In the short account of her travels, posted on CNN's iReport, Cross described a study abroad experience that mixed wonder and fear, "half dream, half nightmare." "I was stalked, groped, masturbated at;" she wrote, "and yet I had adventures beyond my imagination."
In one particularly terrifying moment, she remembers "lying hunched in a fetal position, holding a pair of scissors with the door bolted shut, while the staff member of the hotel who had tried to rape my roommate called me over and over...breathing into the phone."
After returning from abroad, Cross said she was diagnosed with Post Traumatic Stress Disorder (PTSD) and has been unable to attend to classes.
"PTSD strikes me as a euphemism," wrote Cross, "because a syndrome implies a cure. What, may I ask, is the cure for seeing reality, of feeling for three months what its [sic] like for one's humanity to be taken away."
Study abroad is an increasingly large part of undergraduate education at U.S. colleges and universities.
According to the Institute for International Education, in 2010-2011, 273,996 U.S. students studied abroad for academic credit, a slight increase from the previous year. It's likely that the numbers will continue to grow as leaders and educators tout study abroad as central to education in a global economy.
But Cross's experience and others like it illustrate that studying abroad does not come without dangers. As students plunge themselves into unfamiliar cities and cultures, they also expose themselves to new dangers.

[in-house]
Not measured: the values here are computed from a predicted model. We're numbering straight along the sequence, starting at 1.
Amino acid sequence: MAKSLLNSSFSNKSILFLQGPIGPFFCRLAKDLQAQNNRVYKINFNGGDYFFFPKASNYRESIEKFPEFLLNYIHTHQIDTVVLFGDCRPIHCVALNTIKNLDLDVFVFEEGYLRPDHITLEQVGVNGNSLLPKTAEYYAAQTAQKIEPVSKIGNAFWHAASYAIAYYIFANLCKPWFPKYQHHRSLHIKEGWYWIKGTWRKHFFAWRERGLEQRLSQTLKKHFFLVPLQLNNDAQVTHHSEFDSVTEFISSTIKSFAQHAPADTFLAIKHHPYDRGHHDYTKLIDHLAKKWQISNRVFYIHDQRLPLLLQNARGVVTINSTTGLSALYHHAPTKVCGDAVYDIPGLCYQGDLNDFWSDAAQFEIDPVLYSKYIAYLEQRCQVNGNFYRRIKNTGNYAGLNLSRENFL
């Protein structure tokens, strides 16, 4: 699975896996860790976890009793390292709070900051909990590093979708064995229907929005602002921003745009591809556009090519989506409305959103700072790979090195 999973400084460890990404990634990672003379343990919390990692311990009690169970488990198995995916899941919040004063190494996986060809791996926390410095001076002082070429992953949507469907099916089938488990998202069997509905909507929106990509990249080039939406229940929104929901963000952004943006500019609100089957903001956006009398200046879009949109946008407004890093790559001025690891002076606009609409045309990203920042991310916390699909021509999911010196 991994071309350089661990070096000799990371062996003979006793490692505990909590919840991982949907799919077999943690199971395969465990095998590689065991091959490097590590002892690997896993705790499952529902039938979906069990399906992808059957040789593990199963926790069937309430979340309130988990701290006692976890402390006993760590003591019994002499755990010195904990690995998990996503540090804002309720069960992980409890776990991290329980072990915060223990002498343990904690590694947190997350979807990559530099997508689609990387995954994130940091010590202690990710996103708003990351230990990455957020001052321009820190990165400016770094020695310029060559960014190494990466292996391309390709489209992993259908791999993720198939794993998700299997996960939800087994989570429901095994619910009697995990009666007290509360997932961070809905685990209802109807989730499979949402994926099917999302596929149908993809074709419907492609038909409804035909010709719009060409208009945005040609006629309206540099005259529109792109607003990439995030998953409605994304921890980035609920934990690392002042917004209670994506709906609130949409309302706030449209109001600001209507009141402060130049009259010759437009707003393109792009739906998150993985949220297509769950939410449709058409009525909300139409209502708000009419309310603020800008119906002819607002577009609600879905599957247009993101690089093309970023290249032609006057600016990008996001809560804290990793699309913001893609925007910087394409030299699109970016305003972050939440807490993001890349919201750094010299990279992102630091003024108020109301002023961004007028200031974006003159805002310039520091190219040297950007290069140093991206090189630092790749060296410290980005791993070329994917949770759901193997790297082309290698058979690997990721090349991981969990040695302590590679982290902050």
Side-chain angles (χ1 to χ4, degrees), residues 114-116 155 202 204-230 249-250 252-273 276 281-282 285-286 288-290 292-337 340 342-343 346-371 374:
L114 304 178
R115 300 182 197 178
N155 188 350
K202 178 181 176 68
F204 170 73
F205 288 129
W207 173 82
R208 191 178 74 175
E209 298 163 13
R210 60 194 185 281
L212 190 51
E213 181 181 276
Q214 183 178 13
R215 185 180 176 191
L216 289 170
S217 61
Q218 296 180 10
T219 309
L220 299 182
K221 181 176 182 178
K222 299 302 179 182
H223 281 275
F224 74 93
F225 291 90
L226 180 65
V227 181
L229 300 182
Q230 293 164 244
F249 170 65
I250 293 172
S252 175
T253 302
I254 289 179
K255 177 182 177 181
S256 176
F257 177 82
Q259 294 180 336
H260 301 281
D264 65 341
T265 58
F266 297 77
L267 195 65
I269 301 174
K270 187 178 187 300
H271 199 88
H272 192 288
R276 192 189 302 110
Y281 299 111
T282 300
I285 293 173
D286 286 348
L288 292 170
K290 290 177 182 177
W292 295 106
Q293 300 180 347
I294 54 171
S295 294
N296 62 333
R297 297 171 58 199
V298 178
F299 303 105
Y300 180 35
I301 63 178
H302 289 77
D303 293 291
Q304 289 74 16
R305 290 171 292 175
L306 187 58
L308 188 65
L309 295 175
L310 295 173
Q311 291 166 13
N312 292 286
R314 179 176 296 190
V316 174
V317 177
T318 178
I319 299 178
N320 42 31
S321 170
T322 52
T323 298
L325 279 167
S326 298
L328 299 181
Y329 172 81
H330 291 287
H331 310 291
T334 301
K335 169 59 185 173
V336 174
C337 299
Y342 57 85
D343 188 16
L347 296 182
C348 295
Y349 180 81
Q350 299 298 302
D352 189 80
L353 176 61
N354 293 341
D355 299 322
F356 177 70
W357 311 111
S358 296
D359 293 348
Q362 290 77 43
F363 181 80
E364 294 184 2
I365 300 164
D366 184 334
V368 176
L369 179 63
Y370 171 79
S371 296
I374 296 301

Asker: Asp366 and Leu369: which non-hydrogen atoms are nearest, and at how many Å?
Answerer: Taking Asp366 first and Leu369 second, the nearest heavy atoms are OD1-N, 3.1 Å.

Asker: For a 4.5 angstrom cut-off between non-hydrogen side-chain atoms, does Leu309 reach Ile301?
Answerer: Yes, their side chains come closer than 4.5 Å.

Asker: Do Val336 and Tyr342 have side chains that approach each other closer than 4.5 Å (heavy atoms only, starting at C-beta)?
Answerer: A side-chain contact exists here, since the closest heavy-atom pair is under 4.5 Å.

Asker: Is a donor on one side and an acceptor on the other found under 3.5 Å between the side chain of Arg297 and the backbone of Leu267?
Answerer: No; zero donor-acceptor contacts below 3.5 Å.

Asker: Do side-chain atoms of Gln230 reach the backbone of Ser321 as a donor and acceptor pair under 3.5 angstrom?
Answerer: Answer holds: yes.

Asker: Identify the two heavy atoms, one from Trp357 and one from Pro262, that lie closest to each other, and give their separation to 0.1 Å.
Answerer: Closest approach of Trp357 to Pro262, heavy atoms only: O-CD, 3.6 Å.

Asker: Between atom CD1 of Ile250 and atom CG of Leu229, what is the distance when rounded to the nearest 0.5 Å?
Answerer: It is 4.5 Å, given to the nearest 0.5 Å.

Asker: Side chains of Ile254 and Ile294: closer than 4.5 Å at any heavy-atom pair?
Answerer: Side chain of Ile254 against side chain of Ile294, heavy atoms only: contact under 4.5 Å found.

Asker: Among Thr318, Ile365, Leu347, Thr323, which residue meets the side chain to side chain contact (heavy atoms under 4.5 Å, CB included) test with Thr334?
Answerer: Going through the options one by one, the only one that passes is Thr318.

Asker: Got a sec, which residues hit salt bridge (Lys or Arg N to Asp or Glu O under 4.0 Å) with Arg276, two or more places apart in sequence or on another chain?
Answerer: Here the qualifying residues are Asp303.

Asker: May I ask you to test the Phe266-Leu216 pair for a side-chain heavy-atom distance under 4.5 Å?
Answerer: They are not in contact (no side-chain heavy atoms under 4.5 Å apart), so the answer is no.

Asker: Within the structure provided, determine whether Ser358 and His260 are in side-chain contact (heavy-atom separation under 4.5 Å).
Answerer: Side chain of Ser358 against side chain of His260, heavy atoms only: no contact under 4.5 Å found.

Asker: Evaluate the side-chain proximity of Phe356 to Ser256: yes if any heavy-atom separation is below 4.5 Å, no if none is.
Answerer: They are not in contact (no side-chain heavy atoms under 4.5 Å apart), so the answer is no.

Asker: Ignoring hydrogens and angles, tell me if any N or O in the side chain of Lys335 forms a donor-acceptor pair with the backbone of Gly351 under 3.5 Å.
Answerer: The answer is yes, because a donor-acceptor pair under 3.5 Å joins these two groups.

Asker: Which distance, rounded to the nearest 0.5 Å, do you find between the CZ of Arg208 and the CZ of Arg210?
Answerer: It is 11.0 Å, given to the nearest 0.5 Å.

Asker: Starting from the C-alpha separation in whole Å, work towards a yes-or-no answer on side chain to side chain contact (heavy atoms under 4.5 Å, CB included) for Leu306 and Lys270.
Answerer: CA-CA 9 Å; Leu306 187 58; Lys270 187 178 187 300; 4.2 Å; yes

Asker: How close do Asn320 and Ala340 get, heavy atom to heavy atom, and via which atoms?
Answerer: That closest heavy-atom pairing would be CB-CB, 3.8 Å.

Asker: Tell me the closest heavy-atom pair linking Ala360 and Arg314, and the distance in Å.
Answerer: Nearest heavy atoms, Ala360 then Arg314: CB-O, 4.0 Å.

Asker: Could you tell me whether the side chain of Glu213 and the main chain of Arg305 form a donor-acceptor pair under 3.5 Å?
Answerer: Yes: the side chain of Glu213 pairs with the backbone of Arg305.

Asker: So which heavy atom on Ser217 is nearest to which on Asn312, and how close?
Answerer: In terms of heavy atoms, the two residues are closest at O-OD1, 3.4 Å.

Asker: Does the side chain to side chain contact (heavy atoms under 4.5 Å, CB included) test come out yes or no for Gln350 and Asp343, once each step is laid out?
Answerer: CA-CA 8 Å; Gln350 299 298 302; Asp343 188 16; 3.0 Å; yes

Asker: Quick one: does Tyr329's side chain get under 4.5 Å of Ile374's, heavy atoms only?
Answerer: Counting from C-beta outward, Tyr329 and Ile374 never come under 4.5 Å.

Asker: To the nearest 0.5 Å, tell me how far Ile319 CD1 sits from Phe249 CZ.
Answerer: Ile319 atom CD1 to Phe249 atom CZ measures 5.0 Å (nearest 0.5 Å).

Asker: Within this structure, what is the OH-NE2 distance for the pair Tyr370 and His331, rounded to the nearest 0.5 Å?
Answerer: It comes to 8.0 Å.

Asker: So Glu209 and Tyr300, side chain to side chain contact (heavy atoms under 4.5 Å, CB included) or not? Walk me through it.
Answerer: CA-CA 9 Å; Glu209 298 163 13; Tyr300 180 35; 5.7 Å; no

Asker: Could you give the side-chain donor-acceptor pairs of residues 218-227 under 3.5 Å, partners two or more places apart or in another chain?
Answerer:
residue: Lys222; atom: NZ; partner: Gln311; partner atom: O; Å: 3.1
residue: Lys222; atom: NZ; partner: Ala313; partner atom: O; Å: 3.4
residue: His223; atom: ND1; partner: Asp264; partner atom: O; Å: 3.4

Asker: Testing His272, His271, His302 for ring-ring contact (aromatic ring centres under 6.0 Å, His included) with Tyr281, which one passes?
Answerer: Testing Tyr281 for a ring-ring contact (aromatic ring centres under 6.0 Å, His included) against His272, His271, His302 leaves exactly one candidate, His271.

Indeed, a recent study in the journal Psychological Trauma reports that female undergraduates are three to five times more likely to experience sexual assault while studying abroad than on a U.S. campus, where women are already at a high risk of sexual assault.
The study was the first to measure the prevalence of sexual assault in study abroad programs. Researchers asked women who had studied abroad in the past two academic years to fill out the Sexual Experiences Survey, a widely-used questionnaire for measuring the incidence of sexual assault. The results were startling:
- 83% of women reported an unwanted sexual experience, 6% an attempted sexual assault, and 4.6% a completed sexual assault.
- 87% of the nonconsensual sexual contact was committed by nonstudent local residents.
- Women studying abroad in Africa and the Americas reported more sexual assaults than those studying in Europe. There was no information on study abroad in Asia.
The researchers speculated as to why the prevalance of sexual assault is higher for students studying abroad.
Some factors might include students' lack of familiarity with the culture and greater reluctance to go to local authorities for help, both of which make foreign students easier targets for perpetrators.
Researchers also pointed to other factors, such as the large number of study abroad programs in major cities, local stereotypes about American women, and the legal access to alcohol increasing student drinking rates.
Although the study does not offer recommendations for schools running study abroad programs, the high prevalence of sexual assault during study abroad suggests that schools may want to coordinate between their study abroad program and the campus Title IX coordinator.
At the very least, schools should review and update the information they provide students before the students arrive in a host country, establish clear procedures for reporting and handling sexual assault complaints while students are abroad, and make sure students are aware of counseling and other student health services that are available abroad and after students return.
The U.S. State Department has a website that provides student travelers with many valuable resources.
Kimble, M., Flack, W.F., Burbridge, E. (2013). "Study Abroad Increases Risk for Sexual Assault in Female Undergraduates: A Preliminary Report." Psychological Trauma: Theory, Research, Practice, and Policy, 5, 426-430.